Real Estate Industry Alerts Tracker - April 24, 2020 Issue
April 24, 2020

 

$484 Billion Interim Emergency Funding Bill

Congress and the Trump Administration have announced a deal on the $484 billion “interim emergency” relief package (the Paycheck Protection Program and Health Care Enhancement Act), which includes: (a) $310 billion for the Paycheck Protection Program ($30 billion reserved for community-based lenders, small banks, and credit unions, and $30 billion reserved for mid-sized banks and credit unions); and (b) $60 billion for the SBA’s disaster fund ($50 billion for Economic Injury Disaster Loans (EIDL) and $10 billion for EIDL grants). The bill was passed in the Senate on April 21, 2020, the House on April 23, 2020, and the President signed it into law on April 24, 2020.
 

Massachusetts Adopts Moratorium on Evictions/Foreclosures

This week, Massachusetts issued a temporary moratorium on non-essential evictions of residential and small business tenants, as well as a temporary foreclosure moratorium and forbearance relief for residential mortgagors. The temporary moratoriums began on April 20, 2020 and continue until the sooner of (a) August 18, 2020, or (b) the date that is 45 days after the COVID-19 emergency declaration has been lifted. The governor may extend each moratorium period by 90 days, as long as the moratorium does not extend beyond 45 days after the COVID-19 emergency declaration has been lifted. The time periods for any eviction actions that were filed before the moratorium was enacted will be tolled while the moratorium is in effect.

Additional information may be found here.
 

Banking Agencies Defer Appraisals and Evaluations During COVID-19

Last week, the Federal Reserve, the Office of the Comptroller of the Currency and the Federal Deposit Insurance Corporation issued an interim final rule that provides a 120-day deferral of appraisal and evaluation requirements for all transactions secured by commercial or residential real estate during the COVID-19 pandemic. The deferral expires on December 31, 2020, unless extended. The deferral does not apply to acquisition, development or construction loans, nor does it revise any existing appraisal exceptions or other requirements. The interim final rule allows regulated lending institutions to close a real estate loan (other than acquisition, development or construction loans) without an appraisal or evaluation, as long as appraisals or evaluations are obtained within 120 days after closing. Even without appraisals, lenders are expected to use best efforts and available information to develop a credible, well-informed estimate of the properties before closing.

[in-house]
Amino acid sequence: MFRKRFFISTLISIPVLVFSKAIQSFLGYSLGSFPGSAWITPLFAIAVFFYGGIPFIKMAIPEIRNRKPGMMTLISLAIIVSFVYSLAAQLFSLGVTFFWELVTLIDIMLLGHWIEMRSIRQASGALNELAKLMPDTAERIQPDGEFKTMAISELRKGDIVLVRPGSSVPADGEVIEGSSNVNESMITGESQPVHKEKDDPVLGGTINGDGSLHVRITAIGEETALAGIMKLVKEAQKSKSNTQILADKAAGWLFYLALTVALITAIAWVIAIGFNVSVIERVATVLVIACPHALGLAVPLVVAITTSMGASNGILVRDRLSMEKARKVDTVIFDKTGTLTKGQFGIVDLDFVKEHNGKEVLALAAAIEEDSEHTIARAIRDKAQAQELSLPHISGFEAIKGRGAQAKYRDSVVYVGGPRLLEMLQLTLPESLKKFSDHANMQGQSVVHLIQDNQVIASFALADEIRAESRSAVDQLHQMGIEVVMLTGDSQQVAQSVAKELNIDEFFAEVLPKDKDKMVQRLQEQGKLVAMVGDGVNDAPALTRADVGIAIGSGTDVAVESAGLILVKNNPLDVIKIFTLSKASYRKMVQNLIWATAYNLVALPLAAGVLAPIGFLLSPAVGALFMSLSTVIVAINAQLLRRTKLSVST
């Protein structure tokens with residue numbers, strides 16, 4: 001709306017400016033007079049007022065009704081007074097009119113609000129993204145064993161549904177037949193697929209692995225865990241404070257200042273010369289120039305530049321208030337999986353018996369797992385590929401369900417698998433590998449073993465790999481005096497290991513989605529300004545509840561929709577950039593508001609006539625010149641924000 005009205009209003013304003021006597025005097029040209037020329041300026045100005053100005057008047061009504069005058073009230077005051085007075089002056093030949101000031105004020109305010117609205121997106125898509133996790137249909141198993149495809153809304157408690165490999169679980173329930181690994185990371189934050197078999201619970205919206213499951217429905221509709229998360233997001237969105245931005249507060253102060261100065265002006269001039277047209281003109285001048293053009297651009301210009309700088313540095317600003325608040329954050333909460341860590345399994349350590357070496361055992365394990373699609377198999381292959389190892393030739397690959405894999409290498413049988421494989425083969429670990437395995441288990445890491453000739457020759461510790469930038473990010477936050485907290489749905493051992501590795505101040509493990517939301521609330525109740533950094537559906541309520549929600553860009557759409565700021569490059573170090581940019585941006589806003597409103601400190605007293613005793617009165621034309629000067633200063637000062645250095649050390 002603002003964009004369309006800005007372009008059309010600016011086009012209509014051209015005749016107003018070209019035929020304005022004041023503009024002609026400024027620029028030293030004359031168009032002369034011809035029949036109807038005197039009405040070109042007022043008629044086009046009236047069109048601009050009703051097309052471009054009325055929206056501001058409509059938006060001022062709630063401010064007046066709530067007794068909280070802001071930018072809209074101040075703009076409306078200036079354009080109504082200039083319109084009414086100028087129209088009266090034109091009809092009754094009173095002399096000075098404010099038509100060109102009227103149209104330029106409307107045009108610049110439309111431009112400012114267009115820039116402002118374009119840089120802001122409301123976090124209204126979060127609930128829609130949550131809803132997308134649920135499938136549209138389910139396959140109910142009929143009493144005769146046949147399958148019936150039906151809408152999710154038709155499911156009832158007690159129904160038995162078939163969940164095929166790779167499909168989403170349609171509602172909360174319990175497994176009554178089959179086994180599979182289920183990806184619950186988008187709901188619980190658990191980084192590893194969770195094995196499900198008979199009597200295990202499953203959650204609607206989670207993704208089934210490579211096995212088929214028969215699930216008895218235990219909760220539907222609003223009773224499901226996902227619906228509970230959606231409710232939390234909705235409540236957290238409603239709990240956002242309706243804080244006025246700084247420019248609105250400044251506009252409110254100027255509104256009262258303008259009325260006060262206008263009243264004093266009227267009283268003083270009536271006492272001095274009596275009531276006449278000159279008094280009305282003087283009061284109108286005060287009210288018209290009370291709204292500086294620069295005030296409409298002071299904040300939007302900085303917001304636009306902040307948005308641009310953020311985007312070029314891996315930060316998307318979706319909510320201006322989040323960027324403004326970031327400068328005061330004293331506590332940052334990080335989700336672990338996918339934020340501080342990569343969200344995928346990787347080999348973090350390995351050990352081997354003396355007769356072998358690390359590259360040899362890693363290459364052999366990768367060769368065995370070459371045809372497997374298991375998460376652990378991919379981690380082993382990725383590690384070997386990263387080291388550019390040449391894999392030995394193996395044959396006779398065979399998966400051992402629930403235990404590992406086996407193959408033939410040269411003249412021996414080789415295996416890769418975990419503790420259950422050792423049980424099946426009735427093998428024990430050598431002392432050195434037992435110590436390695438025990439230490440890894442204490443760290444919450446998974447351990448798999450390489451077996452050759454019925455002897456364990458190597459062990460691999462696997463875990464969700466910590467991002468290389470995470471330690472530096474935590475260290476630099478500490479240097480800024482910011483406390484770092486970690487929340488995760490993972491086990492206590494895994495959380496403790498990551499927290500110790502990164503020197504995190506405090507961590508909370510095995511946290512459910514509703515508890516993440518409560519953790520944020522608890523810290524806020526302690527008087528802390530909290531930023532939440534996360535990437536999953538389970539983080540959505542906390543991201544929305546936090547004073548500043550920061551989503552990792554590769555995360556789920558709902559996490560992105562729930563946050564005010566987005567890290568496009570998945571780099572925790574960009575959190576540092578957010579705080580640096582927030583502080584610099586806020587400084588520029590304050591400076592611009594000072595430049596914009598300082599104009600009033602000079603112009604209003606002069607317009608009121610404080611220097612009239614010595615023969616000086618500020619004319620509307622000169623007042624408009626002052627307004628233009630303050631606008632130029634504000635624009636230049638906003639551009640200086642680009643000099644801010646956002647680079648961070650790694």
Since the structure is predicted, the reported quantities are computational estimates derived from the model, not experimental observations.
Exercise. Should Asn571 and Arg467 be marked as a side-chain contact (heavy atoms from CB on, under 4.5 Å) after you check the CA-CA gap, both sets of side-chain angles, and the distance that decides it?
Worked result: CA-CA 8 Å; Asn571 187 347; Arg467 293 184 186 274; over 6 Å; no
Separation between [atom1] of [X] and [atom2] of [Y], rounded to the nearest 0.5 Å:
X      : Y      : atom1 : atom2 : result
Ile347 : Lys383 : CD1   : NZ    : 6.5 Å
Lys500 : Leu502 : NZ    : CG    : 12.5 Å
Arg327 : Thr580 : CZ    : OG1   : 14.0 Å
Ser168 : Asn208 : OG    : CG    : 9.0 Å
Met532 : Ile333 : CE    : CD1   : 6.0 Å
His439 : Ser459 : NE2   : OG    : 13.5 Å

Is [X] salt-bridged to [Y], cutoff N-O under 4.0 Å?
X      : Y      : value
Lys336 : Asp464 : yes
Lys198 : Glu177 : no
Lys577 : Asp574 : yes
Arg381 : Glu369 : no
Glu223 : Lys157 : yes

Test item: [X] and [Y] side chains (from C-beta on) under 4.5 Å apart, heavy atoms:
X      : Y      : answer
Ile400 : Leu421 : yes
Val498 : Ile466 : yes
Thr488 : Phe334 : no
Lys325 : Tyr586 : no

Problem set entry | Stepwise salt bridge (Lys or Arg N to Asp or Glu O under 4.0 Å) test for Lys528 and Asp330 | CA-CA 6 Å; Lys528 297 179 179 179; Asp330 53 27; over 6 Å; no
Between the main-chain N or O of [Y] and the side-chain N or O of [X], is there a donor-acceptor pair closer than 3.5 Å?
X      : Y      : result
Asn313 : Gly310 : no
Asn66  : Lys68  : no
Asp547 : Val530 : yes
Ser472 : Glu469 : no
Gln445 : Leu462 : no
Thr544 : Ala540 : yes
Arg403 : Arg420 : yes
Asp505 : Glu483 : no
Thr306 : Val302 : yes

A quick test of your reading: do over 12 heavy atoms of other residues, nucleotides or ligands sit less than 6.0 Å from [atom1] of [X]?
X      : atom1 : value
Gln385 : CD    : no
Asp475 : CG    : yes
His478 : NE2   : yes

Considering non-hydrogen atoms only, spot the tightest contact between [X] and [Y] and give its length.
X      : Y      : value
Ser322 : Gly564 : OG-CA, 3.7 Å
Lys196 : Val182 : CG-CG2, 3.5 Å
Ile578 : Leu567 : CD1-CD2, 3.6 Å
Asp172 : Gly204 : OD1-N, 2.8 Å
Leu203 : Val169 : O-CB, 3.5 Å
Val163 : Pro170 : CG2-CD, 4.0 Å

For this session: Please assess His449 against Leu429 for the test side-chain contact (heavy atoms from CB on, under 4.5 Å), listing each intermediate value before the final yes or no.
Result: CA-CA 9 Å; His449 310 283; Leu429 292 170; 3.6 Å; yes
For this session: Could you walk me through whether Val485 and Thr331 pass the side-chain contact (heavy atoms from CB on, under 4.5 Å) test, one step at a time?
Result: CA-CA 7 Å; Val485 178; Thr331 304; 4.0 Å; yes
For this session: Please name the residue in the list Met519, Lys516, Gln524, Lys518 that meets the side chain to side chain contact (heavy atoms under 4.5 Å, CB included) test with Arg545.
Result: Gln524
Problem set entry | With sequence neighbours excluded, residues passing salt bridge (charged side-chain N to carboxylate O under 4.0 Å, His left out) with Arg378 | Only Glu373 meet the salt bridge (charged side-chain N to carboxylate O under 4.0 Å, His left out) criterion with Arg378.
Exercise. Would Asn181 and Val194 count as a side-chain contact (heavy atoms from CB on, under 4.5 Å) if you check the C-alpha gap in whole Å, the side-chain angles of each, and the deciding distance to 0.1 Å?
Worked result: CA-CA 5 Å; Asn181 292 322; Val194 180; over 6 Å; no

Additional information may be found here.
 

IRS Guidance on COVID-19-Related Loan Forbearances

Last week, the Internal Revenue Service issued Rev. Proc. 2020-26. The revenue ruling permits loans that are subject to certain qualified forbearances and modifications resulting from the pandemic to be contributed to, and held in, REMICs and grantor trusts without jeopardizing their tax status. Among other things, the revenue procedure: (a) does not require the loan’s loan-to-value ratio to be re-tested as a result of “qualified forbearances” to determine if it is eligible to be held by a REMIC; (b) provides that a qualified forbearance of a loan held by a REMIC of grantor trust does not result in a deemed reissuance of the REMIC regular interests; (c) provides that a qualified forbearance before a loan is contributed to a REMIC does not restrict the REMIC from foreclosing on that loan; and (d) interest shortfalls and special servicing fees incurred as a result of a qualified forbearance do not cause a REMIC’s regular interests to fail to so qualify.

Additional information may be found here.
 

Landlords Voice Frustrations at Tenant Relief Measures

Multiple state and local governments have passed various tenant relief programs, which typically include some form of rent deferment, eviction moratorium and/or freeze on rent increases, in each case, for a certain period of time. While most jurisdictions have only provided such relief to residential tenants, some are also affording similar, but often less robust, protections for their commercial tenants. Some landlords have voiced their concerns over tenants applying for relief under these programs when they really don’t need it. In response, many landlords are being more stringent when reviewing tenant requests for COVID-19-related relief and placing the onus on the tenant to present their case. Landlords have been requesting financials, PPP loan status, and other proof to determine whether the tenant has a genuine need for relief.

Property owners have also complained about what they consider to be a growing stigma against landlords, which they claim has resulted in people being less empathetic to their needs during these difficult times. After all, landlords have their own obligations, which include property taxes, mortgage payments, insurance and maintenance. Jay Martin, the executive director of the community housing improvement project (CHIP) in New York recently stated “[tenants] are seeing this as an opportunity, as opposed to asking for help and relief . . . to inflict damage on the landlord as some sort of a class warfare.”
 

Suspension of Evictions in Virginia

The Virginia Supreme Court has ordered a Declaration of Judicial Emergency suspending all non-essential proceedings, including all residential and commercial evictions, from March 16, 2020 through May 17, 2020 (the “Period of Judicial Emergency”). This is the third time the Court has extended this order, which provides that the Virginia General District Court will not issue new evictions and the Sheriff’s Office will not execute any pending evictions, in each case, through May 17th. The order also provides that all statutes of limitations and case related deadlines are tolled during the Period of Judicial Emergency. Virginia law does not permit landlords to lock out tenants, remove their belongings or cut off the tenants’ access to essential services, such as heat, water, gas, or electricity without going through legal proceedings.